Guardian Intelligence


If you were among the estimated 750,000 people who poured into Golden Gate Park this past weekend for Hardly Strictly Blugrass, our raucous annual celebration of all things bluegrass(-ish) under a blazing sun, chances are you’re doing some serious rehydrating this week. Check our photos and review on the Noise blog at while you’re at it. GUARDIAN PHOTO OF RYAN ADAMS BY EMILY SELVIN


If the soda tax proponents brought a carbonated supersoaker to the November ballot showdown, the American Beverage Industry brought a soda tsunami. New campaign finance reports filed Monday, Oct. 6, show the soda industry gave $7.7 million dollars to shoot down the sugary beverage tax ballot proposition in San Francisco alone. That number is completely off the charts. “It makes your eyeballs pop,” Sup. Scott Wiener, co-author of the tax, told us. Local ballot races often top out in the hundreds of thousands of dollars, if that. This $7.7 million is like bringing an atom bomb to a pistol duel. But will the money, and its requisite commercials, billboards and “grassroots” organizers, hoodwink San Francisco?


Who says no one reads anymore? Litquake begs to differ, with a robust 15th edition that welcomes more than 850 (!) authors to its various venues. The literary festival kicks off Fri/10 with “Viva Fifteen,” a Quinceañera party, at Z Space, and it’s basically a choose-your-own-adventure from there: check out National Book Critics Award winner Nicholson Baker, Man Booker Prize finalist Emma Donoghue, a “Poetry World Series,” an event with comedian and podcast sensation Marc Maron, or the ever-popular Lit Crawl. Or do it all! Sleep is overrated … literature is not. Through Oct 18;


Mission street youth support organization At the Crossroads ( reaches out to homeless young adults and provides much-needed services. But as a nonprofit, At the Crossroads needs some help too. That’s where the glorious power of SF nightlife steps in — or rather slides in backwards, drops a cardboard square, and does a headspin. The Dance SF with Grandmaster Flash (Sat/11, 9am-5pm, $25. Mighty, 119 Utah, SF. is an all-day benefit dance-a-thon with the godfather of hip-hop DJs — the man who invented the turntable backspin and popularized scratching. Also on board for eight hours of dance floor mania: beloved SF party crews Afrolicious, Motown on Mondays, Non Stop Bhangra, and many more.


A crowd gathered in solidarity with Occupy Hong Kong in San Francisco’s Financial District Oct. 1. But at least one San Franciscan seemed confused by the message: Mayor Ed Lee told the Chronicle he wasn’t up to speed on the Hong Kong protests, commenting that “if they’re anything like Occupy San Francisco, you’re going to have to study it for a while to see what there are trying to say.” Meanwhile, Lee drew criticism for observing China’s National Day by raising the Chinese flag from his City Hall office, alongside delegates from the Chinese consulate. Maybe he was just too preoccupied with business deals involving Chinese investors to read up on the huge, historic pro-democracy movement.


Congrats to the local Bay Area indie artists at last weekend’s APE 2014 — the comics expo was so much artsy goodness. The Guardian went out and had a grand ol’ time, meeting Kelly Martin (creator of Doctor Lollipop, pictured), Katie Longua (creator of ROK), and Babs Tarr (who recently redesigned Batgirl to be less sexytimes and more practical). Also a hearty shoutout to the political cartoonists of Mission Mini-Comix, who had the best prices at APE, bar none: $1 for seven political cartoons raking Mission gentrifiers over the coals, and even taking City College’s accreditors to task. Lesson learned: The Bay Area has a great local comics lineage, so ditch the mainstream stuff and support local artists.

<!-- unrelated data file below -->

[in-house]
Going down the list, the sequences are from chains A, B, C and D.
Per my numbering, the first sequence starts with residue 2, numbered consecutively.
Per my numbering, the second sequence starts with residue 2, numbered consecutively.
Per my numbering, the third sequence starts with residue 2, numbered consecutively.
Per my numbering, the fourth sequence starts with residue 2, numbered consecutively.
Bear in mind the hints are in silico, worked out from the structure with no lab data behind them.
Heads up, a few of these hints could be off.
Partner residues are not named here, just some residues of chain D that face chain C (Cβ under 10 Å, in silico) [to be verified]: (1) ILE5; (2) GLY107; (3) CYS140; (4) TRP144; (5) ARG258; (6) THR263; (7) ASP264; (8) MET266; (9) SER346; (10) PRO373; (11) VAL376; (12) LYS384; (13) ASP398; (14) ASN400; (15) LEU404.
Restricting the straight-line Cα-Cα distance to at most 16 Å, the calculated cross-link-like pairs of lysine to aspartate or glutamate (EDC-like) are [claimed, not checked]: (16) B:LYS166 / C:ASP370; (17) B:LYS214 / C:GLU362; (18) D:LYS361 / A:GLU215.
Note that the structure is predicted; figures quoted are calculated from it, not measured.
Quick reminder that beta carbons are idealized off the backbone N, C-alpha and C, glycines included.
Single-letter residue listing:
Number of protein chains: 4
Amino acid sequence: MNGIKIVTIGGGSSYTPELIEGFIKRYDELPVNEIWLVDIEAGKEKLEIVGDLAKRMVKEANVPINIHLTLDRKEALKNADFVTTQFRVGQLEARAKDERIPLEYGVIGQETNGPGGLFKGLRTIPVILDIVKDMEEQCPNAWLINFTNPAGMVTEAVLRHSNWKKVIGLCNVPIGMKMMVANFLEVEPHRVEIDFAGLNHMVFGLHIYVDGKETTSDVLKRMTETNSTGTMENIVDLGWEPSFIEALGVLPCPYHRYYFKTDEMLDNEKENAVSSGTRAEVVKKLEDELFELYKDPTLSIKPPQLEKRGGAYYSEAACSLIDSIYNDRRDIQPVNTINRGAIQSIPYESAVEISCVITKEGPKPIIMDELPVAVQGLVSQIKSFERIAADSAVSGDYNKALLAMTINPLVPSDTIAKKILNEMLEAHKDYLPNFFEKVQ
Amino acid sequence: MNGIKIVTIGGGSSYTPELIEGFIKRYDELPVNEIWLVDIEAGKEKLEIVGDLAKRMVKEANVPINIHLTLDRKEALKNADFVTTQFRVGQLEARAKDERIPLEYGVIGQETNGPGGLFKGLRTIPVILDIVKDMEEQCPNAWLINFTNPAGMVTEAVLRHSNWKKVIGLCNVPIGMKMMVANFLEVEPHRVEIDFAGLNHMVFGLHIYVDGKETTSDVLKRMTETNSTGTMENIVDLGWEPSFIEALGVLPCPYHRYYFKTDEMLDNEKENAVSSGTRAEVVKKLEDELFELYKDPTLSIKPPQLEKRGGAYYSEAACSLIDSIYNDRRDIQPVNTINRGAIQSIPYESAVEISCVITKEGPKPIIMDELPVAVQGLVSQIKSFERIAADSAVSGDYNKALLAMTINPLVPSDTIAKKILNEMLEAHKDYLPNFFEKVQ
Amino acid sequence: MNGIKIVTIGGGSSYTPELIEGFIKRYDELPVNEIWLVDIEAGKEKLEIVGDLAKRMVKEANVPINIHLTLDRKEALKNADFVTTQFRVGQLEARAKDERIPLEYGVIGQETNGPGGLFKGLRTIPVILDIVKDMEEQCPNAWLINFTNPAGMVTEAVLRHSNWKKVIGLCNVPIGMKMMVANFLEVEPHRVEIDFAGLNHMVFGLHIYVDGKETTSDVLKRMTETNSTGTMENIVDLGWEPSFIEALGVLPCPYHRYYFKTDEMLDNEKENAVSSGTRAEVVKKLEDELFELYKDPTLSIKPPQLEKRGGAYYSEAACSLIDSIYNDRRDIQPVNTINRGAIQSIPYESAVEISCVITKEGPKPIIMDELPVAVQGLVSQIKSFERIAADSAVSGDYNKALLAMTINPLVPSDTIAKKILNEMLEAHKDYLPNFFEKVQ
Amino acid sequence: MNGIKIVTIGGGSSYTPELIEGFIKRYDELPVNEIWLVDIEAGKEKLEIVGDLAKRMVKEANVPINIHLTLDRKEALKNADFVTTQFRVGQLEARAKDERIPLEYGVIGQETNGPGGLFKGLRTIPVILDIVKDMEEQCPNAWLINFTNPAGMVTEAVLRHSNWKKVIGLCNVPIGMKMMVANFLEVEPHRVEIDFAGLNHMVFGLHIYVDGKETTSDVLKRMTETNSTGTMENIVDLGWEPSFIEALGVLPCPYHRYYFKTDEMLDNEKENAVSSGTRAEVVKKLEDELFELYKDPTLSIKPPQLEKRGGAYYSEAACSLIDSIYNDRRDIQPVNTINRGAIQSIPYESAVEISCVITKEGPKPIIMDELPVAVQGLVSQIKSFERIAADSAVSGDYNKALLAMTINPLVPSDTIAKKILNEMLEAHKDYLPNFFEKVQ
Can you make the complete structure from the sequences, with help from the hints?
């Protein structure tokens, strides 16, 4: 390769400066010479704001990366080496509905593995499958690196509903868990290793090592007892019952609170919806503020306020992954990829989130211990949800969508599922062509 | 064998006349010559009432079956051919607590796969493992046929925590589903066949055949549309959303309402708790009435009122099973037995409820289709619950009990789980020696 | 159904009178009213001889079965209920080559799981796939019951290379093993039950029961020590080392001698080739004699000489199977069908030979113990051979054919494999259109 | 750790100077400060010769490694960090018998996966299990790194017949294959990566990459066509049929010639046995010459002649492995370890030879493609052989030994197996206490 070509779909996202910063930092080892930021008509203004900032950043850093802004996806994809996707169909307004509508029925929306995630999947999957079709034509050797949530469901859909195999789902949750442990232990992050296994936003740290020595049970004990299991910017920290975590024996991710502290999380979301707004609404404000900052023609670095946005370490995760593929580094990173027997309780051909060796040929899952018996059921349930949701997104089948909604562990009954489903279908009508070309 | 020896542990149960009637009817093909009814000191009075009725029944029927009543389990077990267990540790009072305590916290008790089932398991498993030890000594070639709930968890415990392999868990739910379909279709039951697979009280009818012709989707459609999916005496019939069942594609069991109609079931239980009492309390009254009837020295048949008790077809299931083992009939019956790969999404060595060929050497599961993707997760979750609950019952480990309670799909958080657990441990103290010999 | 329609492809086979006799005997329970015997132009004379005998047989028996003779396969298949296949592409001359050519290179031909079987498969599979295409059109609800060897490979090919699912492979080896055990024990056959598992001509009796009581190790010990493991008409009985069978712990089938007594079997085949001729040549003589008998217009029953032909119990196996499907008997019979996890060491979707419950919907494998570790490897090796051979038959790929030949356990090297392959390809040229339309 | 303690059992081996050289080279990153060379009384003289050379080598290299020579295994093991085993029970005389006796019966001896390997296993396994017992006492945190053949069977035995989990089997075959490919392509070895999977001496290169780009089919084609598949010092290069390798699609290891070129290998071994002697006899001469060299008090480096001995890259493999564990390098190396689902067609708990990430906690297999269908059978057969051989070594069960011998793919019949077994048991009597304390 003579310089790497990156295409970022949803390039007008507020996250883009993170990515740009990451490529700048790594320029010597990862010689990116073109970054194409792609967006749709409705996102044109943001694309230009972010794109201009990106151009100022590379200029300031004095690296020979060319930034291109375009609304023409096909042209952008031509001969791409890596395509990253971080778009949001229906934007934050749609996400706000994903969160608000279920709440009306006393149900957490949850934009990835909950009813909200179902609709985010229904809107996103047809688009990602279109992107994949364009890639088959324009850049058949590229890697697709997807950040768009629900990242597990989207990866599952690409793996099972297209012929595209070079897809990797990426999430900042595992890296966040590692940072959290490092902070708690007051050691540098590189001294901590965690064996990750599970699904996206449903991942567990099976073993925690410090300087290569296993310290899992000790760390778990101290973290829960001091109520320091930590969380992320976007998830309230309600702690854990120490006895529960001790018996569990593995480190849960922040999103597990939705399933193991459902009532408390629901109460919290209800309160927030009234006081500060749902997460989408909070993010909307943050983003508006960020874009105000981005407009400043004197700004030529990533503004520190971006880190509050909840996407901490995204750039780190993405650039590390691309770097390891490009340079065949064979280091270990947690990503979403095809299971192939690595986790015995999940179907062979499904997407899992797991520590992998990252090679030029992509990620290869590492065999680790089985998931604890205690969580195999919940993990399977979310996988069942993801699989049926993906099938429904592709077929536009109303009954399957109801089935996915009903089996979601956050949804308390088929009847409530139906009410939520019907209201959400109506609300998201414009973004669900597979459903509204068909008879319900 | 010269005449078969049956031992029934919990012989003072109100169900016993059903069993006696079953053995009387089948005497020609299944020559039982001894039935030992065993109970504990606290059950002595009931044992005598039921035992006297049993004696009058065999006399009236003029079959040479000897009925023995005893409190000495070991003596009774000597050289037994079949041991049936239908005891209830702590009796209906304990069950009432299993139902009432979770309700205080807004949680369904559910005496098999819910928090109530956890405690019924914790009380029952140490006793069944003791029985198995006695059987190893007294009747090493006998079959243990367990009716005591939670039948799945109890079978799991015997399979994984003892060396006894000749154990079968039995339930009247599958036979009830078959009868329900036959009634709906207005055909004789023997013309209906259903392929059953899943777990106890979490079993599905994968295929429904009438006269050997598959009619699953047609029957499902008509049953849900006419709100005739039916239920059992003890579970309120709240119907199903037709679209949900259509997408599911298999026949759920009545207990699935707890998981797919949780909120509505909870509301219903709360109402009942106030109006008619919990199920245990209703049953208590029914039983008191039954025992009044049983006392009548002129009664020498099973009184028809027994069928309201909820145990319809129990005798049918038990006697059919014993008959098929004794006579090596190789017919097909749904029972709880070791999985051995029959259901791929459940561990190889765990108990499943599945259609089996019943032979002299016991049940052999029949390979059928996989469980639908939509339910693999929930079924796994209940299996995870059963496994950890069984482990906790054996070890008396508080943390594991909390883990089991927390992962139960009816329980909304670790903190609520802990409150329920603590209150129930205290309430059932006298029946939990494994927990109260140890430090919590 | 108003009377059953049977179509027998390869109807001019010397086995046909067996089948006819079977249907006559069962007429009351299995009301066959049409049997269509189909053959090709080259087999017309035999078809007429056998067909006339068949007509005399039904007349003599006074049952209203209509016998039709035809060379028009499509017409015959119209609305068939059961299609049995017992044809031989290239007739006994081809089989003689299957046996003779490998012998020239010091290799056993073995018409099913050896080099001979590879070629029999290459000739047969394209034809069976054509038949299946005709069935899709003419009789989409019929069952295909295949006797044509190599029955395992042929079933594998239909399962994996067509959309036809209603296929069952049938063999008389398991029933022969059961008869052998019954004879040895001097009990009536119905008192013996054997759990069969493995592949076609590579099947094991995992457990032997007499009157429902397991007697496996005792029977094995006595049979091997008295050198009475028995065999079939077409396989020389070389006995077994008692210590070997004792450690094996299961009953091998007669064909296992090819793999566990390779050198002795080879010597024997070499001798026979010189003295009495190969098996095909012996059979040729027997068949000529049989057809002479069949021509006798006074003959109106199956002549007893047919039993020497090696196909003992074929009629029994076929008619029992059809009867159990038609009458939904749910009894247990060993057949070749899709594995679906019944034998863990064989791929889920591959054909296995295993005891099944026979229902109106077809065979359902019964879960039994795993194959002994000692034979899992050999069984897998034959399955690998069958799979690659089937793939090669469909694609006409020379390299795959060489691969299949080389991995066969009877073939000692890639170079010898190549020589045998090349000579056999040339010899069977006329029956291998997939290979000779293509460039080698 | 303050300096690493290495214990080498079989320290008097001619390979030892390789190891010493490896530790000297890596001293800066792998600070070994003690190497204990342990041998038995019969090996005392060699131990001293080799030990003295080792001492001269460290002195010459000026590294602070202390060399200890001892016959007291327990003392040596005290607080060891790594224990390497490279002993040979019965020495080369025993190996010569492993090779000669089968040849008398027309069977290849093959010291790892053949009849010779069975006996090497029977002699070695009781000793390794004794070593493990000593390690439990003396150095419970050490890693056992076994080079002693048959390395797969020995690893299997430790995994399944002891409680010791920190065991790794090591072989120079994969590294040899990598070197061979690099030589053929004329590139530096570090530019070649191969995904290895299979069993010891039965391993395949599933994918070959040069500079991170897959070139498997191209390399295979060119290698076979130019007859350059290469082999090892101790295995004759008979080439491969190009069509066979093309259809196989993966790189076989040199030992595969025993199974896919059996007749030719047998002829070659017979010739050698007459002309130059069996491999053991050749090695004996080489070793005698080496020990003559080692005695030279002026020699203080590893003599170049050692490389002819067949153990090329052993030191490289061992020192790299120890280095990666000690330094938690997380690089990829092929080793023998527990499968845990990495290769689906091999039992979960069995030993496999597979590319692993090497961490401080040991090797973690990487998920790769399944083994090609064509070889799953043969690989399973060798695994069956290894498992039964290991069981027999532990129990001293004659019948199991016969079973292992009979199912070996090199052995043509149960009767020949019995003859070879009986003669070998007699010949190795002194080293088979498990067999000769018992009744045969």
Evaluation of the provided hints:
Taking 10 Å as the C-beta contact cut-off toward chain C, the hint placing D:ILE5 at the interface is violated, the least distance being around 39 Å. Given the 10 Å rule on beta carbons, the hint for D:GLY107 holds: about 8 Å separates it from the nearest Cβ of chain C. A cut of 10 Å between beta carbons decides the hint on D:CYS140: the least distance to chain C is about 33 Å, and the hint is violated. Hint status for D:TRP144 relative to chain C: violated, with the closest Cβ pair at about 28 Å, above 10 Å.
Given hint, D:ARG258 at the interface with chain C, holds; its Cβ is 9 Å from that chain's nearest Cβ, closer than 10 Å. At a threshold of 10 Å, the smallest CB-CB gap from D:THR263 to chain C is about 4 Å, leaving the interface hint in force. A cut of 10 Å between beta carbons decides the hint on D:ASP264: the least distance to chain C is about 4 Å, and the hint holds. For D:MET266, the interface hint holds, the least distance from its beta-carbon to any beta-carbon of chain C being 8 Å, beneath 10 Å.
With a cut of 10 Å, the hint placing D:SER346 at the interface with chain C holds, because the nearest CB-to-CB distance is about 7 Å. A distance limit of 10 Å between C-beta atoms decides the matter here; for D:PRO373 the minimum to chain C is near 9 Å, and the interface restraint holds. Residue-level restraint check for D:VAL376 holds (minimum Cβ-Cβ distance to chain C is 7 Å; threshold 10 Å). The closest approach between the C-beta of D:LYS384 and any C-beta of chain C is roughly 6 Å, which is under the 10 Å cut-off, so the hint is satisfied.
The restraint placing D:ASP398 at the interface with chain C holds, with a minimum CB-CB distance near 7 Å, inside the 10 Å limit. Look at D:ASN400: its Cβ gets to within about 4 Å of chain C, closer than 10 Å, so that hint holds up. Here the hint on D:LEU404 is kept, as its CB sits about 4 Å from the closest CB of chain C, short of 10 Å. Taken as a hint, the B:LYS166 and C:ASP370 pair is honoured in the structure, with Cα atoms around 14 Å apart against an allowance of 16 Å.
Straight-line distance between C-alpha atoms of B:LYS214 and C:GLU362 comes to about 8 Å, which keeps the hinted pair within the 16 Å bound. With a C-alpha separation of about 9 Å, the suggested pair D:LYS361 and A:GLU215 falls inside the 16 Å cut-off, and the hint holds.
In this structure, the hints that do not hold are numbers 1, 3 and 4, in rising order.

The second-citizens of the tech world, shuttle bus drivers, are now trying to unionize. Drivers of Loop Transportation, who mostly ferry Facebookers, are trying to join the Teamsters Union. They’re sick of their “split shifts,” mandating them to work mornings and the evenings with an extended break in-between. “You spend 16 hours a day — no time for family, no time for the kids,” Jimmy Maerina, a driver, told the New York Times. “When I leave home in the morning, my kids are sleeping, and when I get home at 9, they’re done with their homework.” Facebook lavishes meals, workout trainers, parties and more on their own employees, while their shuttle driver contractors get squat. Is there a dislike button for that?


If you were a fan of the “Bikes to Books” literary history map published in the Guardian last year, you won’t want to miss “Making History by Making Maps,” a follow-up event with creators Burrito Justice and Guardian contributor Nicole Gluckstern. Geographer and author Dick Walker (The Atlas of California: Mapping the Challenge of a New Era) joins the cycling enthusiasts for this Shaping San Francisco-hosted event Wed/8 at the Eric Quezada Center for Culture and Politics; there’s also a related bike tour exploring the city’s literary streets Sat/11. Bookmark Shaping SF’s informative website ( for more public talks (and bike tours!) focusing on the city’s hidden history.


No one can deny the Freudian allure of putting your hands on a sleek, thrumming machine and slamming the flippers hard to get your ball in the hole (score!). But writer Jetta Rae’s upcoming, innovative lecture “The Tilted Hand: Sexism and Racism in Pinball” (Sun/12, 6pm-8pm, $15. Pacific Pinball Museum, 1510 Webster, Ala. asks why the erotic power dynamic of pinball always has to be expressed so, er, insensitively — especially now that the pinball demographic has moved beyond adolescent boys. Rae “will deliver a crash course in intersectional oppression and show why and how unexamined, unchecked racism and sexism can halt pinball’s cultural comeback. There will also be lots of pictures of pinball machines!”